So you think you know what it means to live in a cold place? Well, I am sure you are going to rethink that once you finish reading this article.
Imagine a place where nothing grows, where you have to live off diet of reindeer meat and horse meat, where cars run all day for fear of them not starting again if turned off, where digging graves for a funeral can take up to three days as ground has to be thawed with hot coals, where mobile phones don’t work, and where you have to use outside toilets at….–67.7°C (-90°F).
I bet you are shivering right now.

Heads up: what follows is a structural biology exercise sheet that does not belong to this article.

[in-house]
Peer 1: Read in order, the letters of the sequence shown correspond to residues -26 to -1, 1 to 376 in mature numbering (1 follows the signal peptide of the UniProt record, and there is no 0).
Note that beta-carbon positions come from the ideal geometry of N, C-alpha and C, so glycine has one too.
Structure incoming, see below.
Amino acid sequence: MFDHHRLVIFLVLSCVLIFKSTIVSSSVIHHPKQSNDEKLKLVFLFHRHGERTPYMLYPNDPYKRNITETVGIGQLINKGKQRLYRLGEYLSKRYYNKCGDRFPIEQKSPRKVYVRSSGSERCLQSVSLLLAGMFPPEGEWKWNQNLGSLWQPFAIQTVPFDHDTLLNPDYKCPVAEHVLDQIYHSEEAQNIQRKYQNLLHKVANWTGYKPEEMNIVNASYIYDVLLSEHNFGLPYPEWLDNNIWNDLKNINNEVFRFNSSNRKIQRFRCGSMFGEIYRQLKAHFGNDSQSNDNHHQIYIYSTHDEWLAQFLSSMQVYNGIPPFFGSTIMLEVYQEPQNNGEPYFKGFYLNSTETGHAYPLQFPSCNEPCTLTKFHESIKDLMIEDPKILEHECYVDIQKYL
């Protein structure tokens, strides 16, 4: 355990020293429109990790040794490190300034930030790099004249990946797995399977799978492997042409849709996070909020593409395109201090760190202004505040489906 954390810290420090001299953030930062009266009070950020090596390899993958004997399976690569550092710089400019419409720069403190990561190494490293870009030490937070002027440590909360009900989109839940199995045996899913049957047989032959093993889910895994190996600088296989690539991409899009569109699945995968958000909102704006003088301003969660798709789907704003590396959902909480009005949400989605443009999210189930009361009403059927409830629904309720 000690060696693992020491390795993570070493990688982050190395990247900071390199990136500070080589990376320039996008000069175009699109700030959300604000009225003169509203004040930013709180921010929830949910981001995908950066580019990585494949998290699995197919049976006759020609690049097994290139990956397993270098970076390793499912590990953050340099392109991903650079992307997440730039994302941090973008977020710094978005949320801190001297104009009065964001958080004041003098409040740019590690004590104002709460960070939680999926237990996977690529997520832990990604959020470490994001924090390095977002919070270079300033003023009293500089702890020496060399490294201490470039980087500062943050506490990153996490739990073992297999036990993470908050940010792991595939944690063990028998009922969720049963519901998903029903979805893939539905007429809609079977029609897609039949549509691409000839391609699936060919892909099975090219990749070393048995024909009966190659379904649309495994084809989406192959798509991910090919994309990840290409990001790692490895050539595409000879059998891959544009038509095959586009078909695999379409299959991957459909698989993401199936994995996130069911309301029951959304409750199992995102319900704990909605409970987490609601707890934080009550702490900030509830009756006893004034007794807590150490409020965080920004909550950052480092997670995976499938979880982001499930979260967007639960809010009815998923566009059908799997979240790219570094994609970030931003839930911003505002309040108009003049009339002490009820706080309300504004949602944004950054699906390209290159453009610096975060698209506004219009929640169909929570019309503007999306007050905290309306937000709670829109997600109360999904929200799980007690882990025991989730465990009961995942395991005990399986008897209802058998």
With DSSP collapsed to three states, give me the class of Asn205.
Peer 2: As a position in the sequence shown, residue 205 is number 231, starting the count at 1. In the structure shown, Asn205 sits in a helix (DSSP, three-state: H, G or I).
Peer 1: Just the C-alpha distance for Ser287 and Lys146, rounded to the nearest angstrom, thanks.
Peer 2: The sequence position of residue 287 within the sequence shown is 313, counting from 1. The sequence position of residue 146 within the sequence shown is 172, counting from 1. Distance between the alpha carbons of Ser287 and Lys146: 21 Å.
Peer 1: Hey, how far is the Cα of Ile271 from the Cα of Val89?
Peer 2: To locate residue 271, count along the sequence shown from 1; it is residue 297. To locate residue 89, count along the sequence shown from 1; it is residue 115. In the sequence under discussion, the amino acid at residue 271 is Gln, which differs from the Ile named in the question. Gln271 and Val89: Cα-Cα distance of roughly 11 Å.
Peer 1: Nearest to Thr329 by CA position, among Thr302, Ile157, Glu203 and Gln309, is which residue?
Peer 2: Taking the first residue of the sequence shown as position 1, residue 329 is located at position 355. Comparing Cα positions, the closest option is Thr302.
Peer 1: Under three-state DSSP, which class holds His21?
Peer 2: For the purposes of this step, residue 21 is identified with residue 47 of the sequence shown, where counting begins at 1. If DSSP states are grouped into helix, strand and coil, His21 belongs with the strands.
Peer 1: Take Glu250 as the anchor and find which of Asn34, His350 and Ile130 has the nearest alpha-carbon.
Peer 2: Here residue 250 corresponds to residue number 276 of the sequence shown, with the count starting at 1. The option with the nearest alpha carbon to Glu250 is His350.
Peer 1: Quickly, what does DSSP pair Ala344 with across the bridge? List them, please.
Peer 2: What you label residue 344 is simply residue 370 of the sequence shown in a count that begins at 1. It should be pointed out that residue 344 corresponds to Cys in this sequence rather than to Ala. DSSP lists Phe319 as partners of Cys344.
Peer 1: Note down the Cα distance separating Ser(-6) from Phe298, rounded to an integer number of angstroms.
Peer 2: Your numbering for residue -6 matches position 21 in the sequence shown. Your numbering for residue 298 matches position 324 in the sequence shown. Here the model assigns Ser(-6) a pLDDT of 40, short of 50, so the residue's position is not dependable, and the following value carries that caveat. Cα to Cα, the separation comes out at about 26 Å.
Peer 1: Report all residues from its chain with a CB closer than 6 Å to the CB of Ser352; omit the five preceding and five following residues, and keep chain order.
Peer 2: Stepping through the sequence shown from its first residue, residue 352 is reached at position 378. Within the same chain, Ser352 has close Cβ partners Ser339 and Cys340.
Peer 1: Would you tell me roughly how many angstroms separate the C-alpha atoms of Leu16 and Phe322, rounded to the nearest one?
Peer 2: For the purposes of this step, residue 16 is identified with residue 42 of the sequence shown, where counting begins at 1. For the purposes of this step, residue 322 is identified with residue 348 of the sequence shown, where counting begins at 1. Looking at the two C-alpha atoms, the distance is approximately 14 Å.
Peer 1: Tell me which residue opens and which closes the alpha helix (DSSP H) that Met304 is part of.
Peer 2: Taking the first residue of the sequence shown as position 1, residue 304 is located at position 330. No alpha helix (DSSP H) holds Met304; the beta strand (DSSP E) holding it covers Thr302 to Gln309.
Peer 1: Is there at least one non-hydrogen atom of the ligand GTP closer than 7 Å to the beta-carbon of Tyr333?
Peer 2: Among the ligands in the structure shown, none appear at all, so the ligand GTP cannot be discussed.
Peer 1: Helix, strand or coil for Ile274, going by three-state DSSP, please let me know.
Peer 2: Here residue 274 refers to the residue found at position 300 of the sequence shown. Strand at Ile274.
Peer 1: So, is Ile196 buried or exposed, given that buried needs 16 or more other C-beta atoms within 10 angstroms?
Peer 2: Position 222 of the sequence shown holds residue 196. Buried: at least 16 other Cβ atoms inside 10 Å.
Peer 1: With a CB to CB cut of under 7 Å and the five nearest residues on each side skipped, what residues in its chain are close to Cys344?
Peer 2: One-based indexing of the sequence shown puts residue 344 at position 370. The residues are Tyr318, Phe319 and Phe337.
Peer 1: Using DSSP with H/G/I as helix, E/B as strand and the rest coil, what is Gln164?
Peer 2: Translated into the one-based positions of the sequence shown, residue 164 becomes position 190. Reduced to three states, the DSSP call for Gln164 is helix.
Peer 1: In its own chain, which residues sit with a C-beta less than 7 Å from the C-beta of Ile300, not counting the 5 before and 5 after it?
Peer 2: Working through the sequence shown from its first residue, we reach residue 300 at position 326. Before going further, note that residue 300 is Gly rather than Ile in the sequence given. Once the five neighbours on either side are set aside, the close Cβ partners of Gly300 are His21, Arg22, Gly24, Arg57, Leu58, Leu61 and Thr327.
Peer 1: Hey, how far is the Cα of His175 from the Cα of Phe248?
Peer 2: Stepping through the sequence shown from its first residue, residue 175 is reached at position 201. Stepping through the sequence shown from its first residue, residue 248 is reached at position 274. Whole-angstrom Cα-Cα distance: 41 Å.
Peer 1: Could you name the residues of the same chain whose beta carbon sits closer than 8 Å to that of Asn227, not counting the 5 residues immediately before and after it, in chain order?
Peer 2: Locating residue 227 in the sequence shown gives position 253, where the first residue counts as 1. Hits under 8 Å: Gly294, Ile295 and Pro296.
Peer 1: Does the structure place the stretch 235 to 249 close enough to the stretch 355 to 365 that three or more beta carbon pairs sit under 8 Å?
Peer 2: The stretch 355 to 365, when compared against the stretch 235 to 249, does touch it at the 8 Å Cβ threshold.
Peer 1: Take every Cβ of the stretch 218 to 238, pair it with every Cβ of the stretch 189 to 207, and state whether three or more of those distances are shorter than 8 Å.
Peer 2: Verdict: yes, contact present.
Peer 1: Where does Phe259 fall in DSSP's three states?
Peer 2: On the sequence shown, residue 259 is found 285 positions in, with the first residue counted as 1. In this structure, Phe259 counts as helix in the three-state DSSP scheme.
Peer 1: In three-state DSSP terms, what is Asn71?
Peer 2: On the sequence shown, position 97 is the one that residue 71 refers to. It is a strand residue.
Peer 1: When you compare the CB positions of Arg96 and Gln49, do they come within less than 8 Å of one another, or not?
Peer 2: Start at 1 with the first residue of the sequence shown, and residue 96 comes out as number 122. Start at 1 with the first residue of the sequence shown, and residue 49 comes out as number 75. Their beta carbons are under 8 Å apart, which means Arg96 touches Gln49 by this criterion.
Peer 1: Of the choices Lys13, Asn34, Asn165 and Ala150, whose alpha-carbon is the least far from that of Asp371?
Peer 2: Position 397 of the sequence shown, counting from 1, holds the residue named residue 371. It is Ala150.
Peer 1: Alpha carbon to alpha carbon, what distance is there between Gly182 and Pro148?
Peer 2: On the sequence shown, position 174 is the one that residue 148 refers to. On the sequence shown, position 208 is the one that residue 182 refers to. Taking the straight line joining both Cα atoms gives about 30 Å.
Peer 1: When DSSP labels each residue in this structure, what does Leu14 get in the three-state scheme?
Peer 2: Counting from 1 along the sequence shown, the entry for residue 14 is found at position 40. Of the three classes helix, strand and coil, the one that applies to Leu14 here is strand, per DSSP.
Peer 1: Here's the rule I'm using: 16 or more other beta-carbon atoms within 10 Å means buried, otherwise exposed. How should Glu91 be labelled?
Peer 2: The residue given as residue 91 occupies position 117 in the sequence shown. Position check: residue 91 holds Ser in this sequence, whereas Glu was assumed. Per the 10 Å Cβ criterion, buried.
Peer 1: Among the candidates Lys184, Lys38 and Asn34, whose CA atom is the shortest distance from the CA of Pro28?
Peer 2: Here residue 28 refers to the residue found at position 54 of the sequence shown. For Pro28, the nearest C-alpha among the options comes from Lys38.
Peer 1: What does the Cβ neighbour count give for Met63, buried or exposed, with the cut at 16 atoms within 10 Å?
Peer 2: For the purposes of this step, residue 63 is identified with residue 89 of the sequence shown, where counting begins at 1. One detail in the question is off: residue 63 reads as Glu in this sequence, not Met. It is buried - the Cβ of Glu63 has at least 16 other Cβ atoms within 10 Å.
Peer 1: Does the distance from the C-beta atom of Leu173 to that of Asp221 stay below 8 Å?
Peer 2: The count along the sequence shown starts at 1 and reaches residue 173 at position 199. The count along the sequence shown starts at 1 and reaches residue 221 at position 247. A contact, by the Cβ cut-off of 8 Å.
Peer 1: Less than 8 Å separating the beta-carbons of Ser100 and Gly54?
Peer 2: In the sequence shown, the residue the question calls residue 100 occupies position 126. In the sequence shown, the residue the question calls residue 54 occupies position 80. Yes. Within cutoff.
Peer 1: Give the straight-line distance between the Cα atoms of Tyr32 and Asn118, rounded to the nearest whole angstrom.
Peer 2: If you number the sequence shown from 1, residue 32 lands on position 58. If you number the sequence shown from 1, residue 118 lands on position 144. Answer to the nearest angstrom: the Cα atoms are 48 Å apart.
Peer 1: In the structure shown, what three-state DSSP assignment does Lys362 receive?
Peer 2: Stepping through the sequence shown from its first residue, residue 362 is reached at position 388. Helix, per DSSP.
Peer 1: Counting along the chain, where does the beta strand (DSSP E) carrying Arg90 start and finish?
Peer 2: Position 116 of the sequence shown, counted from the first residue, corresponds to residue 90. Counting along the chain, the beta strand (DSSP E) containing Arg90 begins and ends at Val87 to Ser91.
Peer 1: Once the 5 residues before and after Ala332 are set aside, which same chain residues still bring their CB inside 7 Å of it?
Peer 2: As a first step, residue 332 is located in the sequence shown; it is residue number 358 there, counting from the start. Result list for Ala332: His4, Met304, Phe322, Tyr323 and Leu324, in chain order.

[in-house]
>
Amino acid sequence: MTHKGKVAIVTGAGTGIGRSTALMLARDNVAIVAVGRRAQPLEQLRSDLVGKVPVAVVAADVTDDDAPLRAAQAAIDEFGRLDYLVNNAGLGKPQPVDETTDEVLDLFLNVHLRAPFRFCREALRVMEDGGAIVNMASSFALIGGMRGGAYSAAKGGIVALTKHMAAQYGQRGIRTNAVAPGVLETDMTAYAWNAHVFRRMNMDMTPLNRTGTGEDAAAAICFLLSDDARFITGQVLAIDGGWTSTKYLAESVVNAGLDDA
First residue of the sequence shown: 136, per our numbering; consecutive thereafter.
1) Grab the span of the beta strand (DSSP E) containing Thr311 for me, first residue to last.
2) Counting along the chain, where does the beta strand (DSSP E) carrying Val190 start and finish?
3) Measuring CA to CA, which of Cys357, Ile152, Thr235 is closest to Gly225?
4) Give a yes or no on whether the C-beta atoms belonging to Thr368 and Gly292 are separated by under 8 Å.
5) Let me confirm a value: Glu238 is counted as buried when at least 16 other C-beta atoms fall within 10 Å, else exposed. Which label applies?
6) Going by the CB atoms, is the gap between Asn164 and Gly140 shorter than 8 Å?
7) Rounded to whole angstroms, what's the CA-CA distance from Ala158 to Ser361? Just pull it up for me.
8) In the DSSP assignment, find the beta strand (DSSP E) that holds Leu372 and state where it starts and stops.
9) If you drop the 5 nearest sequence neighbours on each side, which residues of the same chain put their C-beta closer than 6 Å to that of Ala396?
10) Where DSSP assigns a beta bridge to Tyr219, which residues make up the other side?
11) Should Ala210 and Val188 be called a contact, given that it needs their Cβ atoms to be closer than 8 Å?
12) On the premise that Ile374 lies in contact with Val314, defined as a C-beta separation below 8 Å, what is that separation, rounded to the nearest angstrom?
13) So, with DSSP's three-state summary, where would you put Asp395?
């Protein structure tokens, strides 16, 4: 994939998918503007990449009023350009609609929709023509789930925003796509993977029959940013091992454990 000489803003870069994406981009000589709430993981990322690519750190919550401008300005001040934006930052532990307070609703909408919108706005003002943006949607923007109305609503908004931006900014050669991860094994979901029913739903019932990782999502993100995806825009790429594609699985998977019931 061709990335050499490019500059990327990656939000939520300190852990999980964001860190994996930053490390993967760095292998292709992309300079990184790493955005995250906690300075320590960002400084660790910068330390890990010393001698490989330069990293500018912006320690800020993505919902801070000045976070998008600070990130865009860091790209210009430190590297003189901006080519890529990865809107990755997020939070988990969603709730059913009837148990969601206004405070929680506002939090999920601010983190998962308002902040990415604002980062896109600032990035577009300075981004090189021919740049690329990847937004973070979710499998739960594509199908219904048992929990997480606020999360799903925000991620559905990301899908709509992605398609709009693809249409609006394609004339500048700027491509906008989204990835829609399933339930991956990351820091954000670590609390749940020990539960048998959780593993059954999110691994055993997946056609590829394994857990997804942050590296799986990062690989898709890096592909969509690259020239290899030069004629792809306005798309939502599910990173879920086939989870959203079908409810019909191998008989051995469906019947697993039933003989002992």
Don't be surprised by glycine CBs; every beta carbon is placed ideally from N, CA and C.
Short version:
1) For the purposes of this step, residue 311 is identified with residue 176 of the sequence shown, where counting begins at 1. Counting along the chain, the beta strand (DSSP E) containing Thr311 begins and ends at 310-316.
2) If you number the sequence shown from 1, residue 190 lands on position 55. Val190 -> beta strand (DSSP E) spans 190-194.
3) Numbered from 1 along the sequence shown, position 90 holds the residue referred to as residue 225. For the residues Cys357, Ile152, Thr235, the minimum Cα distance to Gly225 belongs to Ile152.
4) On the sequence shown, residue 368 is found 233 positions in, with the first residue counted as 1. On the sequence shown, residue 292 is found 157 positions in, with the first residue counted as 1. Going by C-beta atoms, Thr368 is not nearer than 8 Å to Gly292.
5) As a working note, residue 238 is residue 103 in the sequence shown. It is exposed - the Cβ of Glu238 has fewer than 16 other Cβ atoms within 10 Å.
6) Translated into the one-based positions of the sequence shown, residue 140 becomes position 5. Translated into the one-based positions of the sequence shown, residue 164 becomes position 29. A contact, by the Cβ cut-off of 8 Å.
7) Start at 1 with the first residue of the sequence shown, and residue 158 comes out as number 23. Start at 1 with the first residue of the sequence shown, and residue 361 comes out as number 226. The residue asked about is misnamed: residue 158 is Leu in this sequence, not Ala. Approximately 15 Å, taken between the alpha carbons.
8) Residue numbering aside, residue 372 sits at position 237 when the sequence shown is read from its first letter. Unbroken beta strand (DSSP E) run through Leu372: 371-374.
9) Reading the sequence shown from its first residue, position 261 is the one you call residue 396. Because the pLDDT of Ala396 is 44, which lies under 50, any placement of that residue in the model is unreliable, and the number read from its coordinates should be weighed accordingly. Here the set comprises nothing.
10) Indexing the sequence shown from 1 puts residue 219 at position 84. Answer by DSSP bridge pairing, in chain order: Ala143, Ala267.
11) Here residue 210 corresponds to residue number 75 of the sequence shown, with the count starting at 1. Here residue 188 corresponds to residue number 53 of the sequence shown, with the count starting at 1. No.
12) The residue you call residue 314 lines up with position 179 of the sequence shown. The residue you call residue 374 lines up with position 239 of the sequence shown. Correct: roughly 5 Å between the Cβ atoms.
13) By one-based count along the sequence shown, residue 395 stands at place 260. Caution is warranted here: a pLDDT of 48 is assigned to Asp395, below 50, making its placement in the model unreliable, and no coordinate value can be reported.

That place does exist. It is the village of Oymyakon, Sakha Republic, Russia.
With the lowest temperature of -67.7°C (-90°F), recorded in 1933, and the average for January being -50°C (-60°F), this village is the coldest permanently inhabited place on this planet. New Zealand-based photographer Amos Chapple decided to go on a two-day journey from Yakutsk (which is around 900 kilometres from the village), the coldest major city on Earth, to capture what everyday life is like in Oymyakon. The photographer recalls that the hardest thing was not the cold itself, but that his camera’s focus and zoom rings would occasionally freeze in place.
Very few people linger outside, instead rushing inside for warmth and light, so the landscape outdoors often appears lonely and desolate.
The question is then, what are they actually doing there?
Photo credits Amos Chapple